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Now the Details

Media, ethics, and journalism. What works. What doesn't.

Jeffrey Dvorkin

Wednesday, June 17, 2009

Twitter-ocracy in Tehran

The revolution will not be televised. But apparently it will involve tweets.

While the ayatollahs are trying desperately to keep control of the now 30 year old Iranian revolution, social media is proving more powerful than club-wielding, fatwa-brandishing theocrats.

The role of Twitter in bringing democracy to Iran is still underway. A couple of things seem clear: that social media (like all media) has an amazing potential to be a powerful agency of citizenship, even as it has an ability to keep us endlessly amused and constantly socializing. The combination of cell phone cameras, youtube uploads and tweets is making the old guard tremble. And so they should.

This is reminiscent of the fall of Nicolae Ceausescu, the longtime Communist dictator of Romania in 1989. Back then, there was no social media. But there was a new satellite-delivered tv station called CNN, along with the BBC and the BBC World Service on short wave radio.

I was living in Amsterdam and freelancing for CBC Radio. BBC Radio was broadcasting something it called "Radio 648," so named for the frequency on which it was aired - 648 khz. While funding for 648 came from the Foreign Office of the British government, its programming was - at that time - very inventive. It started with a traditional newscast at the top of the clock. Then there were 15 or 20 minute segments aimed at a newly de-Communizing Europe. Jazz, gardening, comedy and a lot of politics and discussions. Each segment was repeated at a different time over the next few hours, so if you missed something, it could be heard again during the daypart.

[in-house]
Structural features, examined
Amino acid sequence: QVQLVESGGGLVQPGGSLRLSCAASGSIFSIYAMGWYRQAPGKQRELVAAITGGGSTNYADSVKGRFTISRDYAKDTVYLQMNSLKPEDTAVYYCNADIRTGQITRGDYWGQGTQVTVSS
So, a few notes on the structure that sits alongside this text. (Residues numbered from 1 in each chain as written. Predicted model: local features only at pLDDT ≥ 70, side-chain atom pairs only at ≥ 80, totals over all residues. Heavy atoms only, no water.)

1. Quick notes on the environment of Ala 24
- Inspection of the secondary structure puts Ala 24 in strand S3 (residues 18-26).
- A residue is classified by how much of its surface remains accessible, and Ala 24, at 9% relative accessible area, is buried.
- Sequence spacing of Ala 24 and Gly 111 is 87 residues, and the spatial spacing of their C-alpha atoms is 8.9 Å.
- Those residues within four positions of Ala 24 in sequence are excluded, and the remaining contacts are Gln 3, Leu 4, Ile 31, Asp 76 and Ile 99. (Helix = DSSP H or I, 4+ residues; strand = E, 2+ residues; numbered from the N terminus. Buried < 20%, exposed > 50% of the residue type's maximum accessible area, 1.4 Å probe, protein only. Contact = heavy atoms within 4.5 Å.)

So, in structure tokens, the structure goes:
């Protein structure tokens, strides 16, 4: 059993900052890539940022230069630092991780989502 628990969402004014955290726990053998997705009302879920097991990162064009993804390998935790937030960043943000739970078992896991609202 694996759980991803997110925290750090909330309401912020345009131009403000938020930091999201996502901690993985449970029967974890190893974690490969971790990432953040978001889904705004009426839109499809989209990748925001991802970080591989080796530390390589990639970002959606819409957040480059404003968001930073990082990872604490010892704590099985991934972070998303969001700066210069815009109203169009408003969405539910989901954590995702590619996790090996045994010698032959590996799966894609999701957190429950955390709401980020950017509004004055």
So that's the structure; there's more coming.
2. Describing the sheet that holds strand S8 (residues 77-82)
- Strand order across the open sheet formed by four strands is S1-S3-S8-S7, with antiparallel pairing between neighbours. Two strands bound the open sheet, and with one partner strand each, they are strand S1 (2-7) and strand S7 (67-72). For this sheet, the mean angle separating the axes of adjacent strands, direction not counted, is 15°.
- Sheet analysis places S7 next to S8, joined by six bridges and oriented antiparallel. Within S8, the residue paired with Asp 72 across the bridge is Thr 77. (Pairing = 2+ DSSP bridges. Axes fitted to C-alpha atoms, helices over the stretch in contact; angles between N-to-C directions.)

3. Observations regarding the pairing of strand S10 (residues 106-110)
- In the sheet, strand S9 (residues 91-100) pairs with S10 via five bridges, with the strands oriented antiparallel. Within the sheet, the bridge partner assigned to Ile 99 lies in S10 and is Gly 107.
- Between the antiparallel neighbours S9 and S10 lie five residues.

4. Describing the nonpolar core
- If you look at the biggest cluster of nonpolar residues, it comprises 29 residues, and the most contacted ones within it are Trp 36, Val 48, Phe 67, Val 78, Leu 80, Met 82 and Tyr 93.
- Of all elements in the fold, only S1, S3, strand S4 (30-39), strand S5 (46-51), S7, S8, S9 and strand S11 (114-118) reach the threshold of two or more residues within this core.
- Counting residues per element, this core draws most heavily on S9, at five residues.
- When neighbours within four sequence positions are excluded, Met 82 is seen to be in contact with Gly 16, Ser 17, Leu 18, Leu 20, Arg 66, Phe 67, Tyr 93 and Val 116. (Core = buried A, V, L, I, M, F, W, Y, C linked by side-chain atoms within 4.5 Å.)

Radio 648 was aimed at central and eastern Europe, and it originated from somewhere in southern England. As a result, it came in loud and clear in Amsterdam. It was apparently also so popular and so appealing to British audiences, that it began to siphon off listeners from BBC's Radio 4 - the predominant domestic information station. Sometime in the early 1990s, it ended its service. It seemed to have done its part in bringing down the Berlin Wall.

But in late December, 1989, Radio 648 broadcast live from all over Eastern Europe. The revolution in Romania was particularly well reported, with live broadcasts from demonstrations in the capital, Bucharest and from Timisoara, another large city where anti-government demonstrations occurred.

The BBC, ably led by reporter Owen Bennett-Jones kept reporting on where the demonstrations were happening and where the riot police were massing. Another reporter did the same reporting, live from Timisoara. The revolution may not have been televised, but it was reported and it was incredible radio.

Some years later, in 2004 I was invited to meet with journalists from Radio Romania to talk about journalism management. The remains of a communist management still lingered, as these journalists had no confidence in their management. They insisted that all management - indeed, all editing is only about censorship. It was impossible at that time to suggest to the journalists and to management that it did not have to be about censorship. It was clear that it would take more than a few days of discussions to change a lifetime of suspicion and repression.

However, I did ask the Romanian colleagues if they remembered the role that the BBC World Service played back in 1989. They were all in awe of what the BBC had done for them, especially Bennett-Jones' reporting. It had given them hope that they were not alone. Romanians listened to the reports and moved their demonstrators around accordingly. It was the only source of information that allowed them to co-ordinate anti-government activities.

The Ayatollahs are right but wrong: if you can stem the flow of information, you can control the people. But it appears it's too late for that.

What the BBC once did in Bucharest, Twitter is doing in Tehran.

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